There is so much ready made entertainment on TV these days that the old tradition of the Carnival seems to have dwindled to the point of almost becoming extinct.
The older Wales holiday visitor will no doubt recall the days when a summer holiday more often than not meant the opportunity of watching, if not taking part in, a town or village carnival; a home-spun form of entertainment which usually contained some elaborate and ingenious entries.
In the immediate post-war period, before the TV set became a universal box of tricks in the living room or lounge, a Wales holiday would be enlivened by local pageantry. People were keen to get away from the wartime austerity and uncertainty and let their hair down. and the Carnival was a wonderful way to do this and at the same time join in the wonderful community spirit that existed in those days.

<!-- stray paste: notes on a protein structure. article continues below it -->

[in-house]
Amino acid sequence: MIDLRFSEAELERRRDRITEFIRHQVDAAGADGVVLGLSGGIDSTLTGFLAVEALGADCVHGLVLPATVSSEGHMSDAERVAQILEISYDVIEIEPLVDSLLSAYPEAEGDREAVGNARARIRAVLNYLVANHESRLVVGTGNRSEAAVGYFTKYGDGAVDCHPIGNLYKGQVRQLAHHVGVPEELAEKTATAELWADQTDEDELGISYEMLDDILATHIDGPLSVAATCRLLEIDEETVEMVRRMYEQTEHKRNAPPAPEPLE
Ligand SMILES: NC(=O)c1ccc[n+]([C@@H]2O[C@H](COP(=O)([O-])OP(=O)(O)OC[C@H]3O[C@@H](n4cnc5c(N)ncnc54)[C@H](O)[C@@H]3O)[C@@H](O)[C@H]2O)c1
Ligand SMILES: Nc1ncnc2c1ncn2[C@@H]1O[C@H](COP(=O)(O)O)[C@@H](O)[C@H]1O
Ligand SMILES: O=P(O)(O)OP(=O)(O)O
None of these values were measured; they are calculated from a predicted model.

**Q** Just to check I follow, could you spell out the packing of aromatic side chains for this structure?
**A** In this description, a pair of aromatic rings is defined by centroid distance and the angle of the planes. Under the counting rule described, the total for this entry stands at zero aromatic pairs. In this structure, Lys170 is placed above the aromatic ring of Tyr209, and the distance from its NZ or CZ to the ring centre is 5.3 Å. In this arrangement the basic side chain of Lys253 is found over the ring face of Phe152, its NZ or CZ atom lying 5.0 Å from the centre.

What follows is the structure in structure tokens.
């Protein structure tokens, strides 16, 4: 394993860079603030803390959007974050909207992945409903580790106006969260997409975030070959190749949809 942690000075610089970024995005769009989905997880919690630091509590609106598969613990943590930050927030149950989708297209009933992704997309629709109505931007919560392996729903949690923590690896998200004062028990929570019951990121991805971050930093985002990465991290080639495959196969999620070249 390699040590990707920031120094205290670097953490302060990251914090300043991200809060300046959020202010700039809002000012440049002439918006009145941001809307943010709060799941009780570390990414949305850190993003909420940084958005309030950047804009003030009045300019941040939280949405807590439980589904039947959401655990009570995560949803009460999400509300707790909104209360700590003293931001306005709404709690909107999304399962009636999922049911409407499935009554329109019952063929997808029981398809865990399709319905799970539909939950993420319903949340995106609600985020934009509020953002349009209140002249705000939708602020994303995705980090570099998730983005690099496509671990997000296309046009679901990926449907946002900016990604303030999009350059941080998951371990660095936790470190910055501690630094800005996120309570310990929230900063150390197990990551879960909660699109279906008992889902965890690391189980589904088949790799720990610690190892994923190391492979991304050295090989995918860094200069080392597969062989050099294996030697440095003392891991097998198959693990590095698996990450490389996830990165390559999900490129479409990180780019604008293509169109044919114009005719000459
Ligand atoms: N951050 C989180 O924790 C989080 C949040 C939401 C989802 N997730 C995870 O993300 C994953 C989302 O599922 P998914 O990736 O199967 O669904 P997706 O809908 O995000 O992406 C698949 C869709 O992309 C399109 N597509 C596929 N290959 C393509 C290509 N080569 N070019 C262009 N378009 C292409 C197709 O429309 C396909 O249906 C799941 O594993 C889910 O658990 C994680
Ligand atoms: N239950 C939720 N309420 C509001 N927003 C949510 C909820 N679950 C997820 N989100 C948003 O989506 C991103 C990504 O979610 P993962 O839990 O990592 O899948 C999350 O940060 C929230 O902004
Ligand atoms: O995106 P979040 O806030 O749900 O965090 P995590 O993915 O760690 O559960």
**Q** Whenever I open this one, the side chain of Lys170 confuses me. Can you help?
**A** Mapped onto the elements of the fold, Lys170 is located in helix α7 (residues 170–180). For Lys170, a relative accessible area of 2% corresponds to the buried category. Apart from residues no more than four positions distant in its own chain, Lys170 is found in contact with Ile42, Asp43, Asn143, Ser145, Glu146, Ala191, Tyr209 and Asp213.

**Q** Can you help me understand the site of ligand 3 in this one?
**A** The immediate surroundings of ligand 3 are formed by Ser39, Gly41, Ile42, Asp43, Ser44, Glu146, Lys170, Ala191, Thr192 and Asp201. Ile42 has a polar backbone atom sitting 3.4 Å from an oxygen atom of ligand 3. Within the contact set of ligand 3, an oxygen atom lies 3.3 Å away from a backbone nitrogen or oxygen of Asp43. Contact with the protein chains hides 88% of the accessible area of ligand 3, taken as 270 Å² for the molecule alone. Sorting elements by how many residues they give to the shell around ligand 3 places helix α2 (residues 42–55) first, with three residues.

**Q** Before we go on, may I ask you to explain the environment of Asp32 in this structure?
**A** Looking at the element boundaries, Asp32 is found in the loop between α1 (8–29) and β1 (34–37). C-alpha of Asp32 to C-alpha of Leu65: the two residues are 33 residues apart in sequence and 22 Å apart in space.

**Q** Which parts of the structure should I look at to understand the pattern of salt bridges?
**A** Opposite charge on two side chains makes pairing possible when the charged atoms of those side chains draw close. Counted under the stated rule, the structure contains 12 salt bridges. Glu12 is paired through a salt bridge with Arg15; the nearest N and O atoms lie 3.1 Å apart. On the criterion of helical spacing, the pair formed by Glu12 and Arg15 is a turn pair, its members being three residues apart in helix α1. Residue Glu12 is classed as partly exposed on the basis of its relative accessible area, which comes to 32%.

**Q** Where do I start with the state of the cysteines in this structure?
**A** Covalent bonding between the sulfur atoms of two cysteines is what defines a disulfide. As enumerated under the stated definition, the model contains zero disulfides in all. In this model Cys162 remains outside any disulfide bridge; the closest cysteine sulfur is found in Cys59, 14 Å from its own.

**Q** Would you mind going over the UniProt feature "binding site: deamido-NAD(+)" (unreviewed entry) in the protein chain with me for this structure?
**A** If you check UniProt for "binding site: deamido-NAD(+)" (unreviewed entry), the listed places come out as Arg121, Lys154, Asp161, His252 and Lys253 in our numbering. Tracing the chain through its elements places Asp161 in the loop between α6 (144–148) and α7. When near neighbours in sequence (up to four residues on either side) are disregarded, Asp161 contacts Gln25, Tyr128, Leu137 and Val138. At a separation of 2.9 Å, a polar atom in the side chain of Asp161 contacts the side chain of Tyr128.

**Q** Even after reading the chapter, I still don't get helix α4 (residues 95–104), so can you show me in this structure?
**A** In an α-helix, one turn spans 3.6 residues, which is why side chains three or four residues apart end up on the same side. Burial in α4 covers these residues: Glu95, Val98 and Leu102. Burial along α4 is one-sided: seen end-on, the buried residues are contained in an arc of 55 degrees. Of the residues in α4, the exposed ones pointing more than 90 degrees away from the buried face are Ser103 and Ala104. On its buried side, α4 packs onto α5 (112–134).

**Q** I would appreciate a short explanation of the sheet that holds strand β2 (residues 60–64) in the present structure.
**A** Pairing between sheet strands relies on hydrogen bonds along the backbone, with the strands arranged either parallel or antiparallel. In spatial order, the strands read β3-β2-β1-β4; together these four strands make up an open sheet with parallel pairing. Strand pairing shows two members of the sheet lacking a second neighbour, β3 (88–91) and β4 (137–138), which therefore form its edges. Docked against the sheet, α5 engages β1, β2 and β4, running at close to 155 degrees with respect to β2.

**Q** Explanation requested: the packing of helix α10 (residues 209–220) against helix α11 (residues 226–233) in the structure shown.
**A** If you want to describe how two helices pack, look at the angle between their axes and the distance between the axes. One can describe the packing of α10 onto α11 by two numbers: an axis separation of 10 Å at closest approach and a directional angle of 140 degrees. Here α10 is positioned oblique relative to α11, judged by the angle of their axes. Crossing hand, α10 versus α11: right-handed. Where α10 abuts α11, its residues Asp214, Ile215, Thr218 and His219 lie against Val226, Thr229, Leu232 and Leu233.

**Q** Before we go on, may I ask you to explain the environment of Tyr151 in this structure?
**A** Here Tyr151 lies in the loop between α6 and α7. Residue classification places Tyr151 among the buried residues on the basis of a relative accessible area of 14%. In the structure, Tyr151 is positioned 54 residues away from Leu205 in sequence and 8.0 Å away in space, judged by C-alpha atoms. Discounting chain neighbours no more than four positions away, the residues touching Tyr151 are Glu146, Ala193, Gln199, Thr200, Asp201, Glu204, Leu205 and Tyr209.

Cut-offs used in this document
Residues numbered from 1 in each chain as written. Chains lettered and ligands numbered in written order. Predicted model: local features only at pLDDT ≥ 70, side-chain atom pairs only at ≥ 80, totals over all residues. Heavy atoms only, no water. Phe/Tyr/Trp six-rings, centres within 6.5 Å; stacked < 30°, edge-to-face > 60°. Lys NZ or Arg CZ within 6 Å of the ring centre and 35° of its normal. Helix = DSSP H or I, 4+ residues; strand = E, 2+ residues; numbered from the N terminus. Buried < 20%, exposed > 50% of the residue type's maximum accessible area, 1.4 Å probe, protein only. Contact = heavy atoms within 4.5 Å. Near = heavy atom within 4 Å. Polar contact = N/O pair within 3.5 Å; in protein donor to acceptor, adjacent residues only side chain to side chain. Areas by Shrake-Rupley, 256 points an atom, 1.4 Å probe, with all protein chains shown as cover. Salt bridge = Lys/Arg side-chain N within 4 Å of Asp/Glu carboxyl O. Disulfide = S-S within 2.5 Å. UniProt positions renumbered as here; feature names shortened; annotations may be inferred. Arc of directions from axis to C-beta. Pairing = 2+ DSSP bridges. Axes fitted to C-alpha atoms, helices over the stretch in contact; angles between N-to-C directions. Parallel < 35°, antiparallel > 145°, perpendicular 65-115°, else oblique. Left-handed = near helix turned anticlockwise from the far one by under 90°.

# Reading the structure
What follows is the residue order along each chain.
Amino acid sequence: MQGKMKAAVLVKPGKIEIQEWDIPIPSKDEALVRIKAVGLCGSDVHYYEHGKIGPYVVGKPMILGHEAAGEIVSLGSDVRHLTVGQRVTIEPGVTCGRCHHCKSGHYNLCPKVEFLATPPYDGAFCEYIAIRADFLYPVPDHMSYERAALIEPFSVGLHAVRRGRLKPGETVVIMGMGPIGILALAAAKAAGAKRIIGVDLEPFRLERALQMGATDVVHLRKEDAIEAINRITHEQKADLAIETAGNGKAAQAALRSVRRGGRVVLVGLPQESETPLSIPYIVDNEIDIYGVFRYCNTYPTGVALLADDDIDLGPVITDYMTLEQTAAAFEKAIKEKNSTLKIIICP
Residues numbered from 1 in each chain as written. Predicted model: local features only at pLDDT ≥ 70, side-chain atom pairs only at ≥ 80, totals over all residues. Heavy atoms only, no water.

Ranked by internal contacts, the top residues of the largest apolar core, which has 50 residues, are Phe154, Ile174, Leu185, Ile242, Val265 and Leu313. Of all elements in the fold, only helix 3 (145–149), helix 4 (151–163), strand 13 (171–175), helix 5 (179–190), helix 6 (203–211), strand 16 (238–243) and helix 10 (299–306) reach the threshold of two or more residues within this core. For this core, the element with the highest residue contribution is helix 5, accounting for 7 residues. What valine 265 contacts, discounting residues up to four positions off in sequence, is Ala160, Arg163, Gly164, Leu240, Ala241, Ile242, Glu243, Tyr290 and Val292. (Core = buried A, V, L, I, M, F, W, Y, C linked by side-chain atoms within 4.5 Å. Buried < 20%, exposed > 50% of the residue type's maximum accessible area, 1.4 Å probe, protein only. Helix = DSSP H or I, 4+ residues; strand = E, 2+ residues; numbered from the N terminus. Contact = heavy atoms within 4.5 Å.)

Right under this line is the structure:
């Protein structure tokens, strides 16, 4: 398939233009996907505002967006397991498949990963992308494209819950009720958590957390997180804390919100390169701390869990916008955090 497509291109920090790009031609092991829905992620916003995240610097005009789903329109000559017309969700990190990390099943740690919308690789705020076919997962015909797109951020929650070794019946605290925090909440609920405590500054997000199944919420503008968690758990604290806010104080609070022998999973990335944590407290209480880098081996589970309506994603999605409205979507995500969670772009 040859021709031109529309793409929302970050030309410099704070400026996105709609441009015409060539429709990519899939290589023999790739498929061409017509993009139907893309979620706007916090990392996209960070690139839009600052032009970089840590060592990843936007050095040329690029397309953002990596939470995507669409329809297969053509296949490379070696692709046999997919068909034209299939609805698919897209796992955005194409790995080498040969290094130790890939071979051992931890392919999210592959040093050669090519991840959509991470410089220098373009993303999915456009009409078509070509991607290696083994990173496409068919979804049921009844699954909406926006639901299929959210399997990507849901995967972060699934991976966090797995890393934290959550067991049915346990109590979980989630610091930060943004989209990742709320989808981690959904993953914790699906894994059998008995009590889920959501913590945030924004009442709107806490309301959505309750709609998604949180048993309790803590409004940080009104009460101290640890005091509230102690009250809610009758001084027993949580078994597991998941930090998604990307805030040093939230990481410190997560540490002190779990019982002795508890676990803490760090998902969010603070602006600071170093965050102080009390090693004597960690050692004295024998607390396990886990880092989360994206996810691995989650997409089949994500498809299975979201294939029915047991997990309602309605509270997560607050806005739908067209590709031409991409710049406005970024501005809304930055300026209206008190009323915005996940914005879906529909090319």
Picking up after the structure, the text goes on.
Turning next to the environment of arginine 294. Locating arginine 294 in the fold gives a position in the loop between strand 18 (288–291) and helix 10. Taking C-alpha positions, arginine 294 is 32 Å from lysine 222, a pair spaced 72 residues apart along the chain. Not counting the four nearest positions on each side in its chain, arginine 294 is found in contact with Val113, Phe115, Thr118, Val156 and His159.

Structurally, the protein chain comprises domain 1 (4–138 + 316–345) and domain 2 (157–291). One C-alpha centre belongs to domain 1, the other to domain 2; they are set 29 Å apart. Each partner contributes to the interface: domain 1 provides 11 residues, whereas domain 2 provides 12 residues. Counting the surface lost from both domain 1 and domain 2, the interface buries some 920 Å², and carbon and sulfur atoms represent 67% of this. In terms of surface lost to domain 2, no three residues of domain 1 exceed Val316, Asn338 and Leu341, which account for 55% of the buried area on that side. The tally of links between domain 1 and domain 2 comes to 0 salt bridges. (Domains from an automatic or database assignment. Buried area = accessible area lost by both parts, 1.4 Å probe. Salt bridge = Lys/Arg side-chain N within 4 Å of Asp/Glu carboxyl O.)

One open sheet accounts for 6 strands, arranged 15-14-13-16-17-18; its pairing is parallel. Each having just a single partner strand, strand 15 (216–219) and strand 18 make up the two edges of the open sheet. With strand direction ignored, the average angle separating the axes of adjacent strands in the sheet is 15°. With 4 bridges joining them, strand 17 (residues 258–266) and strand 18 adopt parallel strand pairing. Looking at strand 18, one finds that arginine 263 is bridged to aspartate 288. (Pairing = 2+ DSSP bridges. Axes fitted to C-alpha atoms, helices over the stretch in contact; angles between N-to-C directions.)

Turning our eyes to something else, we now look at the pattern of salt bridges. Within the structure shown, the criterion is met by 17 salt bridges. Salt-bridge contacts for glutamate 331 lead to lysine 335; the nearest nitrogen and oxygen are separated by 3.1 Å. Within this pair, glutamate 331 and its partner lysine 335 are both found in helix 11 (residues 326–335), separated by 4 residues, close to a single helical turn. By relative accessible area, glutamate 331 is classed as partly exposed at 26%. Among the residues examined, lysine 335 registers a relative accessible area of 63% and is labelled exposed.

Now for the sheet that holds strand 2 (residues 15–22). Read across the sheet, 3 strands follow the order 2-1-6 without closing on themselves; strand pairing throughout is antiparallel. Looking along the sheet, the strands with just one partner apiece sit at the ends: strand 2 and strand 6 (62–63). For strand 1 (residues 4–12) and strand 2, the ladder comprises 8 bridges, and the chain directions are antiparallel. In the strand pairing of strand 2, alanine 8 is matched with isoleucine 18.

Streets, clubs, schools, villages and individuals put their thinking-caps on and dreamt up the most ingenious ideas to make their float or individual pedestrian costume the best available, and the streets on Carnival day were thronged with the most colourful and entertaining spectacles, with plenty of noise from the bands and kazoo groups taking part. It was a wonderful display greatly enjoyed by the Wales holiday visitor and local alike, and many people on holiday entered into the spirit of the occasion and threw together a rudimentary costume to take part. Local hauliers would hire or loan their lorries and vans as floats to the groups building the tableaux, which were often themed on topical subjects, political decisions, well-known books or films. School tableaux often took a fairy story like The Pied Piper of Hamelin or The Ugly Duckling as their theme and teachers and parents collaborated to make spectacular displays, all vying for the prizes offered by the Carnival Committee. It was a wonderful display for the Wales holiday visitor and local inhabitant alike, often cocking a snook at the Government or the local council for some unpopular decision. It is not only the TV element that has diminished the Carnival. Every Wales holiday tourist will know that OTT Health and Safety regulations have also had a tremendous impact, the 'experts' throwing up their hands in horror at the prospect of children dressed in Nursery Rhyme costumes teetering on flat bed lorries as they crawl jerkily through the streets in procession. Bah, humbug!